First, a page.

This is the kind of dish you should eat when it's cold and dreary and all you want is something warm to fill your belly. So let's just pretend it's not summer and 90 degrees out. I had Moussaka for the first time in Greece and fell in love with this dish. It's very similar to lasagna minus the pasta and tomato sauce. The meat is flavored with red wine, all spice, and cinnamon slowly simmered until it becomes rich and thick. The meat is then layered with potatoes and eggplants and topped with a creamy bechamel sauce. Anything bathed in bechamel makes everything better! If you can imagine from all those ingredients, this is a hearty and rich dish. It was delicious, rich and decadent - almost sinful - I feel like I'm describing a dessert. Well, if dessert could be savory - this would be it. Enjoy!
Anchorage Greek Festival Recipe
Excerpted from Tastes Like Home: Mediterranean Cooking in Alaska © 2007 by Laurie Helen Constantino
*This dish can be made ahead of time
• 1 pound ground beef or lamb (I used ground sirloin 93/7)
• 1 3/4 - 2 cups diced yellow onion, 1/4" dice
• 1 Tbsp. minced fresh garlic
• 2.5 - ounce tomato paste
• 3/4 cups red wine
• 1/2 tsp. salt
• 1/2 Tbsp. freshly ground black pepper
• 1/2 tsp. allspice
• 1 cinnamon sticks
• 2 tbs minced fresh Italian parsley
• 1/4 cup Panko or toasted dried bread crumbs
• 1- 2 large eggplants, approximately 1 1/2 pounds
• Olive oil
• Freshly ground black pepper
• 1 large baking potatoes
• 1/4 cup butter
• 1/4 cup all-purpose flour
• 2.5 cups whole milk (I used 2%)
• 2 egg yolks
• 1/4 tsp. nutmeg
• 1/2 tsp. freshly ground white pepper (can substitute black pepper)
• 1/2 cup freshly grated parmesan cheese
Brown the meat, lightly seasoned with salt and freshly ground black pepper, in a large pot. Add the onions and continue browning. When the onions have softened and begun to turn golden, add the garlic and cook for another minute. Stir in the tomato paste, wine, salt, pepper, cinnamon sticks, and allspice, and cook for 45 minutes to one hour, until the sauce is thick and rich. Stir in the minced parsley and Panko or bread crumbs. Remove cinnamon stick and taste and correct the seasoning as needed.
While the sauce is cooking, preheat the oven to 450°F. Slice the eggplant longways (lengthwise) 1/2" thick. Lightly salt the slices and put in a colander to release excess moisture for about 1/2 hour. Lay on paper towels to soak up any extra moisture. Then spray PAM and season lightly with ground pepper. Bake eggplant slices for 15 - 20 minutes, turning them over after 10 minutes, or until the slices are golden brown.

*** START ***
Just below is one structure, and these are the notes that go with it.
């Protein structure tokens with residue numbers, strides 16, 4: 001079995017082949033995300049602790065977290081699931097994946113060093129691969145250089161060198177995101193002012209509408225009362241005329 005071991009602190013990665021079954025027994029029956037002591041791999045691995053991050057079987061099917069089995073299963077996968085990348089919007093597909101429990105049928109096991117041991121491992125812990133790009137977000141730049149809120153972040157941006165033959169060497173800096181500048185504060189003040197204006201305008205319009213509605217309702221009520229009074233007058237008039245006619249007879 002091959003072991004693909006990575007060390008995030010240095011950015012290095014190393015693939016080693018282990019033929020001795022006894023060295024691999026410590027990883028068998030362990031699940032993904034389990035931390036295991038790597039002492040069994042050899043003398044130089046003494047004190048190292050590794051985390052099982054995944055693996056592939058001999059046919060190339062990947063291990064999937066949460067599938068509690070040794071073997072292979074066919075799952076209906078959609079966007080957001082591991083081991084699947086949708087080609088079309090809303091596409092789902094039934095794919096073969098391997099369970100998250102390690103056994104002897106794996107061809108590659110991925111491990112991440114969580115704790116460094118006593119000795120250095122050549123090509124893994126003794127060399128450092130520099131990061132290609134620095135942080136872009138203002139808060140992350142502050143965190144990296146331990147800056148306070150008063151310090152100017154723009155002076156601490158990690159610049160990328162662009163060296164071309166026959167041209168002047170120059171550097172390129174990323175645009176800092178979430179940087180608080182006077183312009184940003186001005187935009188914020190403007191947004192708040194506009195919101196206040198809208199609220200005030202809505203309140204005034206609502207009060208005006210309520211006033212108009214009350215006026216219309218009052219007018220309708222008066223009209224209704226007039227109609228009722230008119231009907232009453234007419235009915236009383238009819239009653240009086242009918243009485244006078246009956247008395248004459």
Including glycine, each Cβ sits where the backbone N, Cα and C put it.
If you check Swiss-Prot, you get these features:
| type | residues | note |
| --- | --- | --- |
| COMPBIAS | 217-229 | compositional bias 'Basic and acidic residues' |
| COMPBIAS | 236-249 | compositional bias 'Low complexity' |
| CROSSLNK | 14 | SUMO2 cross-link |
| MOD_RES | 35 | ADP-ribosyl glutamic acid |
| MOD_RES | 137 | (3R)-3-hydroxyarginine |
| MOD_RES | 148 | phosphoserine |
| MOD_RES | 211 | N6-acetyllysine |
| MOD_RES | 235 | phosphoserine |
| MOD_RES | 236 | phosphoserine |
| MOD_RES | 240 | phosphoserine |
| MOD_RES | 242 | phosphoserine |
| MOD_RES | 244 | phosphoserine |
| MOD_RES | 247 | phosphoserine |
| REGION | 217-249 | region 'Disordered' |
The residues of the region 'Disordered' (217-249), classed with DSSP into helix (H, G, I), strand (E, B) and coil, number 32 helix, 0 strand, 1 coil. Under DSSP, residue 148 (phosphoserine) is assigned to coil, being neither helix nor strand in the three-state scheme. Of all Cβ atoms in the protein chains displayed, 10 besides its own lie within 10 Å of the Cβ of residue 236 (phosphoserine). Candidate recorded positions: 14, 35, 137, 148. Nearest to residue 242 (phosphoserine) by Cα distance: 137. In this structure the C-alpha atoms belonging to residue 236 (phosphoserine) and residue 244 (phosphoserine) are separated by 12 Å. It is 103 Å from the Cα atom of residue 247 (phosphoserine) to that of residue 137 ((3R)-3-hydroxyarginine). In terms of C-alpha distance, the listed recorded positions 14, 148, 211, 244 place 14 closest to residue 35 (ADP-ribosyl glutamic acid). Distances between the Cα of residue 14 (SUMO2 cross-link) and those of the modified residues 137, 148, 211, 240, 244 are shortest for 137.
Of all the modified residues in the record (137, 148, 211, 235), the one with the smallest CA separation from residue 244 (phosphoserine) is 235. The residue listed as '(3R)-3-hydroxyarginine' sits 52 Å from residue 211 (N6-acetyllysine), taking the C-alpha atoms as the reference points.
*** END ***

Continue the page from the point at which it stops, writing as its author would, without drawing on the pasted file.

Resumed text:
Peel and slice the potatoes lengthwise 3/8" thick. (You don't want paper thin slices - on my mandoline I used a medium slice) Brush both sides of each potato slice with olive oil, and season lightly with salt and freshly ground black pepper. Bake potato slices for 8- 10 minutes in preheated 450°F oven until they are just tender. The potatoes should not be cooked all the way through.
Warm the milk over low heat or in the microwave. Melt the butter in a large saucepan, mix in the flour and cook for two minutes, stirring constantly. Slowly stir in the warm milk and cook, stirring, until the sauce is thick and smooth. (You may need to turn up the heat to medium high in order for it to thicken) Add the nutmeg, salt and white pepper to taste. Quickly whisk one cup of hot milk sauce into the egg yolks, and stir the egg-milk mixture back into the sauce. Cook over very low heat for two minutes, stirring constantly, being careful not to let the sauce get hotter than a low boil. Remove the sauce from the heat and whisk in 1/4 cup grated cheese. Taste and add more salt if needed.
Preheat the oven to 350°F.
To assemble the Moussaka, lightly brush the sides and bottom of a 8" x 8” pan with olive oil. Place a layer of potatoes on the bottom of the pan. Spread half the meat sauce evenly over the potatoes, and sprinkle 2 tbs grated cheese over the meat sauce. Layer half the eggplant over the cheese. Cover with the remaining meat sauce, and sprinkle with 2 tbs more cheese. Cover with the remaining eggplant.
Pour as much béchamel as possible over the last layer of eggplant (the pan will be very full). Bake for 50 - 60 minutes, or until the béchamel is puffed and golden brown. Let cool for 30 minutes, cut into large squares, and serve.
Labels: beef - Saturday, September 18, 2010